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ISIS and Its War on the Taliban

Unlike other Islamist terrorist organizations like Hamas, ISIS took a critical view of the Taliban’s takeover of Afghanistan and neither welcomed nor identified with its success.

A powerful suicide bombing at Hamid Karzai International Airport in Kabul, Afghanistan on August 26 killed 13 American soldiers and 169 Afghans, including about 30 Taliban fighters. The attack once again pointed to ISIS’s high operational capabilities even during a slump period, as well as the rigid and consistent ideological line against all “infidels” to which it has held ever since its inception.

Unlike other Islamist terrorist organizations that tend to unite under threat or common interest as needed, ISIS remains true to its DNA and refuses to cooperate with other Islamist organizations of which it does not approve. As ISIS declared in June 2014, Islam must be imposed and enforced around the world “under one flag, a flag of faith,” and that flag is solely its own. Anyone who does not practice Islam the ISIS way is a sworn enemy, “infidel,” “crusader,” or “abandoner of Islam,” including other Islamist terrorist organizations. Hence, ISIS refrains from forming alliances with such organizations, even when doing so could strengthen its position in various locations around the world. ISIS’s “war on infidels” is as intolerant of other Muslims as it is of Jews and Christians.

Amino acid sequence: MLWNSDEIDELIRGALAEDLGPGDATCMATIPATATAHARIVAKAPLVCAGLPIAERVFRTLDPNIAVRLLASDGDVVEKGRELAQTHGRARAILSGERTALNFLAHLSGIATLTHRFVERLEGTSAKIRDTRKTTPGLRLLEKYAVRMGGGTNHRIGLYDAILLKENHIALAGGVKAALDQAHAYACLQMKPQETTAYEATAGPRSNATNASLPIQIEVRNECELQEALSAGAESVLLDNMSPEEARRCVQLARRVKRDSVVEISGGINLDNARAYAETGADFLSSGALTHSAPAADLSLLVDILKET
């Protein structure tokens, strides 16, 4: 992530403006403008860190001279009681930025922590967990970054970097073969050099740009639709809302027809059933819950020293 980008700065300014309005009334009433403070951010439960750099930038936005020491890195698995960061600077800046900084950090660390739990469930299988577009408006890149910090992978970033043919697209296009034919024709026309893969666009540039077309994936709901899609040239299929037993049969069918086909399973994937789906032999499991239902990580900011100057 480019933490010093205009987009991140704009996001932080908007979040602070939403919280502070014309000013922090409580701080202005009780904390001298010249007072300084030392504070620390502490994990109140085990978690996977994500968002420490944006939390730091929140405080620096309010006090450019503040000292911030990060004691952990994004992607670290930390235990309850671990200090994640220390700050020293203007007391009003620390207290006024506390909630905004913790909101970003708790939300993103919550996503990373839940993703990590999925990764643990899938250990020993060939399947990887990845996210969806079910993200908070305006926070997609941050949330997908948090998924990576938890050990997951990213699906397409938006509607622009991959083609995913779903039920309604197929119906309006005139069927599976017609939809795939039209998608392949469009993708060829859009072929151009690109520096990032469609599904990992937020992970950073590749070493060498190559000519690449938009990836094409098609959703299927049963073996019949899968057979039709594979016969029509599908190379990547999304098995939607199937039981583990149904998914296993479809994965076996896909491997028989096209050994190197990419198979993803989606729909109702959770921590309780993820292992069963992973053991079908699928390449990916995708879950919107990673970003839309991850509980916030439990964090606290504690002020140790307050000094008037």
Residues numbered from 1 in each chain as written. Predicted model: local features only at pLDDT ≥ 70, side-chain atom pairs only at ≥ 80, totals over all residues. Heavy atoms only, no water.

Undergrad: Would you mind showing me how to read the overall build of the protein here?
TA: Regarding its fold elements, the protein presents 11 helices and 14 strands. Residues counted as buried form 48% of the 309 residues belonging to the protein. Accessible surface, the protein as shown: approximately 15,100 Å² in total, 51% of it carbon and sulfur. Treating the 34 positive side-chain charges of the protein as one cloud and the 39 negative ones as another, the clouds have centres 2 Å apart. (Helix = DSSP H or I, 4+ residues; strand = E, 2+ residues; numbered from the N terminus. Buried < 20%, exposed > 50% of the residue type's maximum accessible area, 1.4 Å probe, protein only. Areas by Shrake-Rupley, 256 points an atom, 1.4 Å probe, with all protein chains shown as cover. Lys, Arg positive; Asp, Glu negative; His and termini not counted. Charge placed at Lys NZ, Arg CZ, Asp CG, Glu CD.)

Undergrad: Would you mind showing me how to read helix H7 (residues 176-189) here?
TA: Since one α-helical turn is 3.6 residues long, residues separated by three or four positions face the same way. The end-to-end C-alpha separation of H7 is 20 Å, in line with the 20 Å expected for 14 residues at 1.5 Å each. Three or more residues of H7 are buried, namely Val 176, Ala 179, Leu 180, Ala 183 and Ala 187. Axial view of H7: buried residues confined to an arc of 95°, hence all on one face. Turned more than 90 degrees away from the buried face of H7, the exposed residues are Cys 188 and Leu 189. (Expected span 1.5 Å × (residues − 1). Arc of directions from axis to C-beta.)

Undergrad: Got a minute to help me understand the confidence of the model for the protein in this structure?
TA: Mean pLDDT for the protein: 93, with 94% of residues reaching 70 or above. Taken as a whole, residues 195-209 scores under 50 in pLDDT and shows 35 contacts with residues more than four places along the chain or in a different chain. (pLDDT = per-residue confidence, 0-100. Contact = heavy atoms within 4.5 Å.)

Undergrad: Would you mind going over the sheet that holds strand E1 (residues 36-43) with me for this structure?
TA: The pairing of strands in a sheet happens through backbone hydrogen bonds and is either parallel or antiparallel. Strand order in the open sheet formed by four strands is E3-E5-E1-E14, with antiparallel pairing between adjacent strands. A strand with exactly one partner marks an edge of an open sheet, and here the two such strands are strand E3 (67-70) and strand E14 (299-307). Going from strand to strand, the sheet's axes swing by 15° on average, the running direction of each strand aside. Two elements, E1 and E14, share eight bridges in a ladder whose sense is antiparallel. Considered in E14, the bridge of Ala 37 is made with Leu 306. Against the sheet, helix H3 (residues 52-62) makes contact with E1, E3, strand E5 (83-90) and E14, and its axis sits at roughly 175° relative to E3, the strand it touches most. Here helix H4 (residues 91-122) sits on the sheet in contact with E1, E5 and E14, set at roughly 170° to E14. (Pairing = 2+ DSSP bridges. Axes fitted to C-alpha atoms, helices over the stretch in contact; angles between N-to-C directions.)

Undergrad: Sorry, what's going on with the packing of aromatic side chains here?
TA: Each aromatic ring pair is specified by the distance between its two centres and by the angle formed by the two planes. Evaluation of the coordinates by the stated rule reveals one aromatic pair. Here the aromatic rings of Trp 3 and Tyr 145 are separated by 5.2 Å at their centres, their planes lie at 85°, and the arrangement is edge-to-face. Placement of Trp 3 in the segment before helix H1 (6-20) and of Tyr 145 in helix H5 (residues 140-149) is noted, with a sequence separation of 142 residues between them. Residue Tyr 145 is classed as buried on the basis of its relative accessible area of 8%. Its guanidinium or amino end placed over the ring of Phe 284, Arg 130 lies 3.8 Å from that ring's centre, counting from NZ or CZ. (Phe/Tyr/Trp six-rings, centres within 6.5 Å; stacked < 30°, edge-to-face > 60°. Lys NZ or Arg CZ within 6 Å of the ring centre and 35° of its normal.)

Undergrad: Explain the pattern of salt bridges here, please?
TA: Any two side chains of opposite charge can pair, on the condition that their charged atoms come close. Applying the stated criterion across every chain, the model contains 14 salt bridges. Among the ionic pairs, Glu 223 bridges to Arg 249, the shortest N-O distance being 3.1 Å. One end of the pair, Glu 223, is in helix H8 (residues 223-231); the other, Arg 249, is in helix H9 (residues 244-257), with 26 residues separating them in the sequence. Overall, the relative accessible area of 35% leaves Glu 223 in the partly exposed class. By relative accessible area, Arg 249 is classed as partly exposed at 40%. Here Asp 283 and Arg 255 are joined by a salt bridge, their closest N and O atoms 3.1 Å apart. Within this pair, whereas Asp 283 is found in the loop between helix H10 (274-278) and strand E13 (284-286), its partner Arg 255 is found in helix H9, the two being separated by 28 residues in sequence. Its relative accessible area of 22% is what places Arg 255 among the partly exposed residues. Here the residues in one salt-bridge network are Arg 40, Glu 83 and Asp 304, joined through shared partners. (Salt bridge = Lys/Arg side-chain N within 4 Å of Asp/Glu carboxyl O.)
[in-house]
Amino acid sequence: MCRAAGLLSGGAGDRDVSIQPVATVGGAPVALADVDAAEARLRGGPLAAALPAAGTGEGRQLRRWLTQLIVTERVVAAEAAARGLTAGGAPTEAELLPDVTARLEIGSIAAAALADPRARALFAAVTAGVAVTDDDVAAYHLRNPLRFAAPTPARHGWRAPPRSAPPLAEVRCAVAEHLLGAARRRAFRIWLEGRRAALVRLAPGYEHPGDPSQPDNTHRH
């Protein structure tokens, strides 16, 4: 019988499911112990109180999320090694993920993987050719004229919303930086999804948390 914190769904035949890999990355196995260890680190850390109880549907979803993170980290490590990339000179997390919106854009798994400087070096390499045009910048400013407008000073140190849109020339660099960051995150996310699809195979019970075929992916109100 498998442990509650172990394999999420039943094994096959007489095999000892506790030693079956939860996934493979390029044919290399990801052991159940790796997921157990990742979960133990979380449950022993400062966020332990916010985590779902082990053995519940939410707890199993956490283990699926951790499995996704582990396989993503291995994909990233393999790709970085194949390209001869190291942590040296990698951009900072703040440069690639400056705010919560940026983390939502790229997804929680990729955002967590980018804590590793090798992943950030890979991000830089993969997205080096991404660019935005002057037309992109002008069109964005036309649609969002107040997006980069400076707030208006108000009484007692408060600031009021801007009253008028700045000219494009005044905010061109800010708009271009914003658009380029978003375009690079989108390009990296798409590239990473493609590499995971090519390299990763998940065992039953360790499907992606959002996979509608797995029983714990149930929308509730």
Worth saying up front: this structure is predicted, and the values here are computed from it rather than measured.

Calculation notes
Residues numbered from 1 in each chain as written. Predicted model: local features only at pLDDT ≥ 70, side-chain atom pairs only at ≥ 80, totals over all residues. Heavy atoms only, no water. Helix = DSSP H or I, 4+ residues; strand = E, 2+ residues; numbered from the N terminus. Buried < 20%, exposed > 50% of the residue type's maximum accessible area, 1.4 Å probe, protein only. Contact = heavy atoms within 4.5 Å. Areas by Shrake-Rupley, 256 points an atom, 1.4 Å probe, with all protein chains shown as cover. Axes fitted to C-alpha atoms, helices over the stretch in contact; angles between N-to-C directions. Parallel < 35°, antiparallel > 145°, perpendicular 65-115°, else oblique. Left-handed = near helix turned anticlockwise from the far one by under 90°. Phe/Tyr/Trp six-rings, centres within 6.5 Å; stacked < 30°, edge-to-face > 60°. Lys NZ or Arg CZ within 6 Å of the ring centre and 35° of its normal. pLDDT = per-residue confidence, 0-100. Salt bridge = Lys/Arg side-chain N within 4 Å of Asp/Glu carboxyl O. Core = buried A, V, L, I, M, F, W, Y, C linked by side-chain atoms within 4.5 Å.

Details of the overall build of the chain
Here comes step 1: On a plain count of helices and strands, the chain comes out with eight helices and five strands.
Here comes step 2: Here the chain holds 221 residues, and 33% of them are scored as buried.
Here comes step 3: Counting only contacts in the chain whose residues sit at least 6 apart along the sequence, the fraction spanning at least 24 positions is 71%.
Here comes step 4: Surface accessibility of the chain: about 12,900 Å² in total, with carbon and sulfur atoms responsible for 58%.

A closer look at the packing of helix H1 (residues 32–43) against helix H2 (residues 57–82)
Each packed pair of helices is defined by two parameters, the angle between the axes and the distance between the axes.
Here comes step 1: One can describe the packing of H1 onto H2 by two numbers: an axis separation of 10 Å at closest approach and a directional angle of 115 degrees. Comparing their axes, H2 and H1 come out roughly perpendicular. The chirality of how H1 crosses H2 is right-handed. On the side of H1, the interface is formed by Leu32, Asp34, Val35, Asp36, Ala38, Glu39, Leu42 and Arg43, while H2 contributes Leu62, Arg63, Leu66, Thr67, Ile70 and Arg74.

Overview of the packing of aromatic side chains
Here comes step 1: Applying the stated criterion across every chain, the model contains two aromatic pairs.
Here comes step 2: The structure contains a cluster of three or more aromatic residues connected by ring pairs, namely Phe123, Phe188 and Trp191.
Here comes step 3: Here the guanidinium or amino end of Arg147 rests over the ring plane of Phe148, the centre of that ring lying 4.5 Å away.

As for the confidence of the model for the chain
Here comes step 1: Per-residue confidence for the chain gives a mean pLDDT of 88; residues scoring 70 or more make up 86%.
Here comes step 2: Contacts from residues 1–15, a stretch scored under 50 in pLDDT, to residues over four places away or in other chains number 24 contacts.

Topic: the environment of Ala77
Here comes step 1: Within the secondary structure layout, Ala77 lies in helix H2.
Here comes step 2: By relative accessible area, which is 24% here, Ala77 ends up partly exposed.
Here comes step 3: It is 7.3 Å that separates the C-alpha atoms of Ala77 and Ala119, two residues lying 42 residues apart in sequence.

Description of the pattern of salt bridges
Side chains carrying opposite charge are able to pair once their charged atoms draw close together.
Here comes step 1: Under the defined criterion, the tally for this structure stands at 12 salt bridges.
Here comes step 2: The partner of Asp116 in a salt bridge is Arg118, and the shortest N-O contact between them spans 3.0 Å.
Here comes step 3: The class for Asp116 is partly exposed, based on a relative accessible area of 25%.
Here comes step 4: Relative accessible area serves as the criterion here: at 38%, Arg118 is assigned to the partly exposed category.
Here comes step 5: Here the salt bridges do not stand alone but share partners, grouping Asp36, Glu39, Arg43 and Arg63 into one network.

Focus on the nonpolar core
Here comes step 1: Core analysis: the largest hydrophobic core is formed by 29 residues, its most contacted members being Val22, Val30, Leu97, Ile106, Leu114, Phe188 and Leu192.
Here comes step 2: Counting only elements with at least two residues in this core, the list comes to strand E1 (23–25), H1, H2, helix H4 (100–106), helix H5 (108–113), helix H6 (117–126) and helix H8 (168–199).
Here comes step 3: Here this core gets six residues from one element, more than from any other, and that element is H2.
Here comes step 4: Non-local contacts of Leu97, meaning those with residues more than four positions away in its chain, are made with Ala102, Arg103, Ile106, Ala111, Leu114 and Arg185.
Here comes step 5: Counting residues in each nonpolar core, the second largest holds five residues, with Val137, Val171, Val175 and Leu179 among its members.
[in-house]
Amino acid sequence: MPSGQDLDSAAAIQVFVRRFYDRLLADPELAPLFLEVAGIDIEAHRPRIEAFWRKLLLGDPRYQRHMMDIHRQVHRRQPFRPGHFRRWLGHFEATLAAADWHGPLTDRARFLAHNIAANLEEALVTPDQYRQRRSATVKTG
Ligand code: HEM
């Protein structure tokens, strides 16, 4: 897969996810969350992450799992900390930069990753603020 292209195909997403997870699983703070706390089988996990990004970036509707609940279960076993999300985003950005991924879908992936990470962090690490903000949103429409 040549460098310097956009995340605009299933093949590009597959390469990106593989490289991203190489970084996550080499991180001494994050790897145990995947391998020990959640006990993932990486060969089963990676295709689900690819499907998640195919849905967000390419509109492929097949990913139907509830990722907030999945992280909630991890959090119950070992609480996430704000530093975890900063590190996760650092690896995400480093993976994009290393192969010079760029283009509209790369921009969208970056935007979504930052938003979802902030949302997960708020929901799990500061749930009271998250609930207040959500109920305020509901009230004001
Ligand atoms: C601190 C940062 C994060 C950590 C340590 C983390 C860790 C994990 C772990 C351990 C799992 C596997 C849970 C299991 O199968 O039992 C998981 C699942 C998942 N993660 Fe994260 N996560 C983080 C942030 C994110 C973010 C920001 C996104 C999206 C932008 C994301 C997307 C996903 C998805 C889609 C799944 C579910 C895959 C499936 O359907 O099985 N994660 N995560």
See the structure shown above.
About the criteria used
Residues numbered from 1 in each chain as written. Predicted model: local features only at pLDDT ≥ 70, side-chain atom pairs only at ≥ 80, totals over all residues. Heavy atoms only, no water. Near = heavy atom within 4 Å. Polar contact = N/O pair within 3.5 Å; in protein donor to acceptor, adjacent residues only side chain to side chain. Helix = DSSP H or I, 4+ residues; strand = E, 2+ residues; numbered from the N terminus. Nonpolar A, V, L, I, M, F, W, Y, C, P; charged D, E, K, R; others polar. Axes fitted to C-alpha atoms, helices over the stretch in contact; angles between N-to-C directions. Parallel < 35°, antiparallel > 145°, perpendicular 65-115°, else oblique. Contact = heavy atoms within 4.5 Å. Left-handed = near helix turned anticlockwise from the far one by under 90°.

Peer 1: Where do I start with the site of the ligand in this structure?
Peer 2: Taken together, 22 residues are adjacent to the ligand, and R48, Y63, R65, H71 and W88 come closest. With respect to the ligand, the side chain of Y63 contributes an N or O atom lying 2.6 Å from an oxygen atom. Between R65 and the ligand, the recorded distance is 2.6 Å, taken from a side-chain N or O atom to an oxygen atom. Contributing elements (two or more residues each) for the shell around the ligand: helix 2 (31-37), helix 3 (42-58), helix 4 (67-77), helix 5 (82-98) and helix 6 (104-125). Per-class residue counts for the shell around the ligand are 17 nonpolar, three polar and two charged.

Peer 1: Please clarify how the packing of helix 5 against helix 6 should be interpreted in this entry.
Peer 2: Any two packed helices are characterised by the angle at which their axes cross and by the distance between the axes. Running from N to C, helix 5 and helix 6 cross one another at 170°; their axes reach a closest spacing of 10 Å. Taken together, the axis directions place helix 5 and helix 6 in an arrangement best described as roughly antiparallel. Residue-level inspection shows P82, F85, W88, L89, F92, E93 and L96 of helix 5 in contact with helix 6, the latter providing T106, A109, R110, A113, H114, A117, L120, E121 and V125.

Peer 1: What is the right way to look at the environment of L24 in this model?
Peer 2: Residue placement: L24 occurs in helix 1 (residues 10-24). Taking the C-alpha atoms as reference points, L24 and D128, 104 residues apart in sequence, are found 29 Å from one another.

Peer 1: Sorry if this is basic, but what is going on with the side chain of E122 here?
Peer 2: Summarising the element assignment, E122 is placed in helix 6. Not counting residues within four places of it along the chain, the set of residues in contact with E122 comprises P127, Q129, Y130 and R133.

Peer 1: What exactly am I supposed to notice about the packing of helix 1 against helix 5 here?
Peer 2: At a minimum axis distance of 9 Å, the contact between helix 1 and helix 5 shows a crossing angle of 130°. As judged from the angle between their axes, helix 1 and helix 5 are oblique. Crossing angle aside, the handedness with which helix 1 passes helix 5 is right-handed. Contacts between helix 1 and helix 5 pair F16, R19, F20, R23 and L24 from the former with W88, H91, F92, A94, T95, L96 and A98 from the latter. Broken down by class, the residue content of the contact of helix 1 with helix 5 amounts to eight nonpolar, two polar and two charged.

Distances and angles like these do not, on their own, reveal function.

Unlike other Islamist terrorist organizations like Hamas, ISIS took a critical view of the Taliban’s takeover of Afghanistan and neither welcomed nor identified with its success. Recently, an article was published in an ISIS magazine that poured fire and brimstone on the cooperation between the Taliban and the US during the Taliban’s takeover of Afghanistan. It claimed that the Taliban’s conquest of the country had been accomplished in full agreement and coordination with the US military and therefore did not attest to the organization’s impressive operational capabilities. The thousands of “Crusader” soldiers were evacuated in good spirits and with mutual trust between the parties, whereas, according to ISIS, they should have been shamefully expelled without any prior negotiations or agreements. In ISIS’s view, the US evacuation of Afghanistan was a transfer of power from one friend to another and was therefore a disgrace rather than a triumph for the Taliban.

Read more at the Begin-Sadat Center for Strategic Studies

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The Government Technology & Services Coalition's Homeland Security Today (HSToday) is the premier news and information resource for the homeland security community, dedicated to elevating the discussions and insights that can support a safe and secure nation. A non-profit magazine and media platform, HSToday provides readers with the whole story, placing facts and comments in context to inform debate and drive realistic solutions to some of the nation’s most vexing security challenges.

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